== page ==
Unfinished BusinessCommentary by Pete du Pont
January 21, 2002
It's State of the Union time again, and boy has the state of our union changed since last year. Last year, President Bush was busy assembling his new administration, the economy was slowing, as it had since the summer of 2000, and the biggest concern on the international front was whether our new president would be able to hold his own on the world stage.
Now, Bush is leading an international war on terrorism and we find ourselves slowly climbing out of a recession that officially began in March. And after a year in office, Bush, who had lost the popular vote, has a job approval rating floating between 80 and 90 percent.
Yet the more things change, the more they stay them same. Today, as last year, Democrats are bemoaning Bush's plan to stimulate the economy. Today, as last year, Democrats are trying to thwart Bush's plan for energy independence. Today, as last year, Bush is working to get his nominees a fair hearing.
State of the Union addresses typically contain laundry lists of new policy initiatives. This year, however, the president could fill an evening with all the unfinished business from last year. First priority is passage of the $89 billion economic stimulus package originally proposed in October. After negotiations between White House officials and moderate Senate Democrats, the administration dropped some its tax relief proposals, such as capital gains relief, and increased financial assistance for health care benefits - from $3 billion up to $19 billion.
The bipartisan package passed the House in December. While it has the votes to pass the Senate, it has yet to be scheduled for a vote, having failed to engender the support of Senate Majority Leader Tom Daschle. Meanwhile, over 800,000 people have lost their jobs since Bush first proposed help.
Closely related to both the war and economic recovery, is a national energy policy. Nothing is more necessary to ensure long-term economic growth while also decreasing America's vulnerability to foreign powers.
The U.S. imports more than 50 percent of our oil, much of it from hostile nations. With U.S. oil consumption likely to grow by one-third over the next 20 years, and electricity demand to increase by more than 45 percent, the U.S. needs an energy policy that will remove political obstacles to domestic production so that oil-rich dictators and terrorists can't hold America's prosperity and foreign policy hostage.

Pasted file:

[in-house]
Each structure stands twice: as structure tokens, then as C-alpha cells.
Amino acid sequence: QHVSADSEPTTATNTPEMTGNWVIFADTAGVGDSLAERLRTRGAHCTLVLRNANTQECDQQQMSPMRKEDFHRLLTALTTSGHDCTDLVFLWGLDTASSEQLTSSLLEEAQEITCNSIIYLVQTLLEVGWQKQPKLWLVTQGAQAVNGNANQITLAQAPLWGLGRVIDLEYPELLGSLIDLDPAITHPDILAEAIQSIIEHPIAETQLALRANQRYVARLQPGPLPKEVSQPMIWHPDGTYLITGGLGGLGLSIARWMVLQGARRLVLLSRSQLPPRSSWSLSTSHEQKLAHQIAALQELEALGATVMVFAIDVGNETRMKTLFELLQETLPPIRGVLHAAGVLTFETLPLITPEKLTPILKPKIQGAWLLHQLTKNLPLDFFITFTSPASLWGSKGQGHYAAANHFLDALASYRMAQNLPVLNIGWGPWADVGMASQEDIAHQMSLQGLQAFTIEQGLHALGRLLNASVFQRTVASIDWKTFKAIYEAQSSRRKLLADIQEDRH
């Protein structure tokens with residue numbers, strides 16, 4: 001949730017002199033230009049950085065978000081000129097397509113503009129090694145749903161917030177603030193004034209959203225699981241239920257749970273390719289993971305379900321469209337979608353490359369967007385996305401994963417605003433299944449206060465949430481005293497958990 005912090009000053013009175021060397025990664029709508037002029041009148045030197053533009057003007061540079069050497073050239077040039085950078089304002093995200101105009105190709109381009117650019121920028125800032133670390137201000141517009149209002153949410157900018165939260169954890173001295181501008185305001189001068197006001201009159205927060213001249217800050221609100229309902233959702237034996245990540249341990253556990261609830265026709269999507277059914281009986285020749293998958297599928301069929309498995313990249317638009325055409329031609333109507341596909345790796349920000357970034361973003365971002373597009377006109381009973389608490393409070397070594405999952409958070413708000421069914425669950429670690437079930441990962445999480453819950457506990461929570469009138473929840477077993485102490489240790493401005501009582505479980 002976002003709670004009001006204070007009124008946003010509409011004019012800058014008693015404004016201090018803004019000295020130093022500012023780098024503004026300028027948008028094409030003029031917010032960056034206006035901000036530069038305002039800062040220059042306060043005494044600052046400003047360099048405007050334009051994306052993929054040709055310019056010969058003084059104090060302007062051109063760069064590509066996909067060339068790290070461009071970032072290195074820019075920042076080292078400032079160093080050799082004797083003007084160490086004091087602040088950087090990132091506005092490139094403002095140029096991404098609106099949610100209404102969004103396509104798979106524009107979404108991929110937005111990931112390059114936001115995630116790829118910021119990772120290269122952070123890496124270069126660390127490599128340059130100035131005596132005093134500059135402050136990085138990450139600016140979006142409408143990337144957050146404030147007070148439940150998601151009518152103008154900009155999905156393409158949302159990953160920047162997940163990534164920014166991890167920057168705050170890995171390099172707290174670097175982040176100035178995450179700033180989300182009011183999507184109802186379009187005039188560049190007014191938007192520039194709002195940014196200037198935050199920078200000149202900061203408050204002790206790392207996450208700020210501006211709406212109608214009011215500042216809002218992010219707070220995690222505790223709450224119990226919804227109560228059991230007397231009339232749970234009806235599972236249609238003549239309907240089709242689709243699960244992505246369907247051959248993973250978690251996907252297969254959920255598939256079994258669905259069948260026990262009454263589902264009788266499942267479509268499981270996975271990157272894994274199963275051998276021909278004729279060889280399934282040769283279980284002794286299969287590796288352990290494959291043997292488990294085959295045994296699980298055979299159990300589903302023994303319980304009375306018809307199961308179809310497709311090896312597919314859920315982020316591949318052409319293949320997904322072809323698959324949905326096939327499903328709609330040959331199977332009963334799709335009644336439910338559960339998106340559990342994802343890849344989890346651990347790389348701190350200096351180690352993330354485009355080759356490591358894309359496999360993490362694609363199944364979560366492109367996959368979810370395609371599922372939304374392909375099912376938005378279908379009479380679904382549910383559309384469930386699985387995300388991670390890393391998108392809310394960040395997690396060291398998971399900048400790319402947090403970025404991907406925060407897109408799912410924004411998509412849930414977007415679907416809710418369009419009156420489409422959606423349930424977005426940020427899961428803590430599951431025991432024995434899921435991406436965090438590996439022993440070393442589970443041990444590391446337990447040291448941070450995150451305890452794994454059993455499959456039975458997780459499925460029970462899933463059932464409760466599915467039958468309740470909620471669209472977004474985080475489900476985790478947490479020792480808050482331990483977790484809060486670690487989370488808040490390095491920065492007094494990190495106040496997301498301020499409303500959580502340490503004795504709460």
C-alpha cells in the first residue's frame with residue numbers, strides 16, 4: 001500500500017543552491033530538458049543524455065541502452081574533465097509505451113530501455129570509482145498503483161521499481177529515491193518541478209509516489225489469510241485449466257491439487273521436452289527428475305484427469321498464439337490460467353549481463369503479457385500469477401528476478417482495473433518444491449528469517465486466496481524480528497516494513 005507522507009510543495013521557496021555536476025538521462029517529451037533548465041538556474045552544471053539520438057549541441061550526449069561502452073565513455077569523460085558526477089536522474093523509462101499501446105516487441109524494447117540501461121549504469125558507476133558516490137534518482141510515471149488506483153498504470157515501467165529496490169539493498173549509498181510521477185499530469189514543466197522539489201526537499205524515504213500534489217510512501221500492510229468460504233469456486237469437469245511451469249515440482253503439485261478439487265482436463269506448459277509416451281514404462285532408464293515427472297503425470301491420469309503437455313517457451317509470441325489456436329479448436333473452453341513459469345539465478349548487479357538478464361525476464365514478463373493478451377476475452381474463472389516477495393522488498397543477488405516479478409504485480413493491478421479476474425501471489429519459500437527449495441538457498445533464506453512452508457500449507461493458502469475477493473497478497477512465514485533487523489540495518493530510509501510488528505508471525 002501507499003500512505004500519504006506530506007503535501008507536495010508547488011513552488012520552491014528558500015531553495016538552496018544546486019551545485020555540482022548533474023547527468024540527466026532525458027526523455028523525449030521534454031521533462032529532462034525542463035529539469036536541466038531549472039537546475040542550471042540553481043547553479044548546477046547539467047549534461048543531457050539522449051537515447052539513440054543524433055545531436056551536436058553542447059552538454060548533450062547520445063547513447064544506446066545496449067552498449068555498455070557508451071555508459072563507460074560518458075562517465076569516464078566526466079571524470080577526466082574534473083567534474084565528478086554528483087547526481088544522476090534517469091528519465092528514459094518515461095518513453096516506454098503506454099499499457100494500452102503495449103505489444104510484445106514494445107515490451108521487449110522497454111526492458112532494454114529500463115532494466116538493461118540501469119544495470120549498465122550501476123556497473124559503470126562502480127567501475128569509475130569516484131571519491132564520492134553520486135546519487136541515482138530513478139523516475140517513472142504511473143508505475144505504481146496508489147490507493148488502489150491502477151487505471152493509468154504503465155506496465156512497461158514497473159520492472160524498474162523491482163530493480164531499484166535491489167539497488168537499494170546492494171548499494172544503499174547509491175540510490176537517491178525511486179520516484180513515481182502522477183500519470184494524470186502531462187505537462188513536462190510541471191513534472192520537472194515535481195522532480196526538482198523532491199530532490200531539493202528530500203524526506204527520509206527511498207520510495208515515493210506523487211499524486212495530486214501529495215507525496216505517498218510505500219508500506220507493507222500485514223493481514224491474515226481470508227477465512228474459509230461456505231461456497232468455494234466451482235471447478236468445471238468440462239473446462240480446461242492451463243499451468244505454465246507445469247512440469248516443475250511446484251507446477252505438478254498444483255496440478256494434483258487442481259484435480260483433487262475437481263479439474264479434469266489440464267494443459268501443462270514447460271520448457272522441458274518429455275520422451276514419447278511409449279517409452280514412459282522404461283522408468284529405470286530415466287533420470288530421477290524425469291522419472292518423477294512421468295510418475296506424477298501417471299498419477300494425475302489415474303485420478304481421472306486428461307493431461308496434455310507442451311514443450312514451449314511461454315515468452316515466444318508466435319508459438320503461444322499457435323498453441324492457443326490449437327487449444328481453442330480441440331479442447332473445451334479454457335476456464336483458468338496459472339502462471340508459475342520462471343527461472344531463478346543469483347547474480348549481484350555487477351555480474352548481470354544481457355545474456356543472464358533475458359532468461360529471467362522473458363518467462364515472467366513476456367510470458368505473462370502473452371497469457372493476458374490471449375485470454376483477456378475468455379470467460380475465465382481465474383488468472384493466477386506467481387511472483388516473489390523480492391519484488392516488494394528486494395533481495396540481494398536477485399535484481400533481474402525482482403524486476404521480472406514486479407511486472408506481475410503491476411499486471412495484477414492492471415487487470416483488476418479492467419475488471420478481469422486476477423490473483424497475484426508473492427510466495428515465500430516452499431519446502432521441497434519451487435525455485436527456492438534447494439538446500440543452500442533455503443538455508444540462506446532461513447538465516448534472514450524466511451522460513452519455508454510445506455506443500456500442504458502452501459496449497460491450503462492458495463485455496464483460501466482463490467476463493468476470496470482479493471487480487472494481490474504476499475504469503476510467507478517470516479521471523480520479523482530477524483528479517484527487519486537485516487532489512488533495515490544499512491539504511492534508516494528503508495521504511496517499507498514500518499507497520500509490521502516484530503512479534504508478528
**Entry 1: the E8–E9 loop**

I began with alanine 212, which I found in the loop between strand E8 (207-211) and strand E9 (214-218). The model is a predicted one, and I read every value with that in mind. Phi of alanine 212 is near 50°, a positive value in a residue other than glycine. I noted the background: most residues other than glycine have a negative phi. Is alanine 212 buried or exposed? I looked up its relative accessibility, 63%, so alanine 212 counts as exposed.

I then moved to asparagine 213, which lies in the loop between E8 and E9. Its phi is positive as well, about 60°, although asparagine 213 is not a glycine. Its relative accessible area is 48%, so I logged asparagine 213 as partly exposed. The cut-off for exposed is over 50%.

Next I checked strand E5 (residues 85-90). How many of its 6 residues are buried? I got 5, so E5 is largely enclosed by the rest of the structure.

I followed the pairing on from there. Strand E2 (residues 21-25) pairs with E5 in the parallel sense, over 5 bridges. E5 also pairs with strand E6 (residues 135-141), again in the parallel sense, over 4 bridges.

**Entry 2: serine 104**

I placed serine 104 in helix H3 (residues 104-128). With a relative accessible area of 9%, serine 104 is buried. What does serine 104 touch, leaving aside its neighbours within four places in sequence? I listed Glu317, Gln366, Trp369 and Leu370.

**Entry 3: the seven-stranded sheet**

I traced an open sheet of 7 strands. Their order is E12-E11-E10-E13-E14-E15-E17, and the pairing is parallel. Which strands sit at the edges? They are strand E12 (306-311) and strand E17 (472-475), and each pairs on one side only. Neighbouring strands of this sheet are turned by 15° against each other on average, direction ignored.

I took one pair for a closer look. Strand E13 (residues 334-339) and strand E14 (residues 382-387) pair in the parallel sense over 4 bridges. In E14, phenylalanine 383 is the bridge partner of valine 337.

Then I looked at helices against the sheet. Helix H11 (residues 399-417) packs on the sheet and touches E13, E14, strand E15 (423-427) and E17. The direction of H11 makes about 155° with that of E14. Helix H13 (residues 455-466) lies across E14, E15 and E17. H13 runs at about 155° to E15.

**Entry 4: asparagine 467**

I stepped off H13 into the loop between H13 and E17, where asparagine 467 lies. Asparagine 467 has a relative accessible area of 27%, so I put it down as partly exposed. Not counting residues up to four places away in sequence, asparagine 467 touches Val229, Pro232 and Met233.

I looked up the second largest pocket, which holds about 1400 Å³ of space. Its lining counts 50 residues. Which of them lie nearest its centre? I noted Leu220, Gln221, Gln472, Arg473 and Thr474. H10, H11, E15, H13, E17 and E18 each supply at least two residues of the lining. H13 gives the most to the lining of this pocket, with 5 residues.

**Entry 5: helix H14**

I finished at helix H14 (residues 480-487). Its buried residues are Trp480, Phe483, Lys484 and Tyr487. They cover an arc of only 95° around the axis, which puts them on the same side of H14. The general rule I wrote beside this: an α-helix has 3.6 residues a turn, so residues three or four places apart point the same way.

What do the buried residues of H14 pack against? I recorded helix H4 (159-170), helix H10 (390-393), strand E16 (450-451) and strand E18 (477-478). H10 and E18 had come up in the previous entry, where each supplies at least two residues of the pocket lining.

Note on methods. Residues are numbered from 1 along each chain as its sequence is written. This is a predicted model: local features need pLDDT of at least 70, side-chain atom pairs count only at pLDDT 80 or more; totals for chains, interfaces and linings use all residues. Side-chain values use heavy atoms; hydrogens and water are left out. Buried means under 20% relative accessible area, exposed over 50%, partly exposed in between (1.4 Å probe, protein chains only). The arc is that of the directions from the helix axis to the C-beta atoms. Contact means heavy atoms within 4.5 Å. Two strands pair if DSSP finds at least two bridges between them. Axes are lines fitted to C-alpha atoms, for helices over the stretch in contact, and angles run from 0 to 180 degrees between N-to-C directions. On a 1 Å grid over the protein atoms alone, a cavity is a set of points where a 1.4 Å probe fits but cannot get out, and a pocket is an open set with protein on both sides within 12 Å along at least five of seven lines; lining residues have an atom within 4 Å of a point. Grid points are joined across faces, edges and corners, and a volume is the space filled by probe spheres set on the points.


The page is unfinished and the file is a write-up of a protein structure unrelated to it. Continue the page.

America has large deposits of oil under its public lands and offshore. The Arctic National Wildlife Refuge (ANWR), for example, likely contains between six and 16 billion barrels of oil and as much as 28 trillion cubic feet of natural gas. This would easily replace all of the oil imported from Iraq for the next 50 years or from Saudi Arabia for 20 years, and could exceed current U.S. annual natural gas consumption.
Long before the war on terrorism, the administration produced an energy plan. The House passed the proposal during the summer, and all indications are that it would pass the Senate, but once again no vote has been scheduled.
Another crisis is the judicial appointment bottleneck. There are nearly 100 vacancies in the judicial branch, which means that more than 11 percent of all federal courtrooms are presided over by an empty chair. Senate Judiciary Chairman Pat Leahy suggests his committee is doing all it can to move the confirmation process along, but a quick look at the facts argues otherwise.
The Senate has acted on only 21 percent of Bush's circuit court nominees this year. He sent his first batch of 11 circuit nominations to the Senate in May, yet only three have been confirmed. President Clinton, by comparison, waited until August to send his first nominations along, and still 60 percent were confirmed before the Senate adjourned that November. Overall, only 41 percent of Bush's judicial nominees have been confirmed.
Bush should hammer the Senate for failing to act on these and other critical matters. After all, how likely is the Senate to act on controversial new initiatives for Social Security and Medicare reform, if they refuse to pass economic stimulus during a recession? Or act on energy independence during a time of armed conflict in the Middle East and coming on the heals of rolling blackouts in California? Or if they even refuse to hold hearings on judicial nominees, needlessly burdening the federal courts at a time when the FBI is aggressively pursuing threats to our national security at home?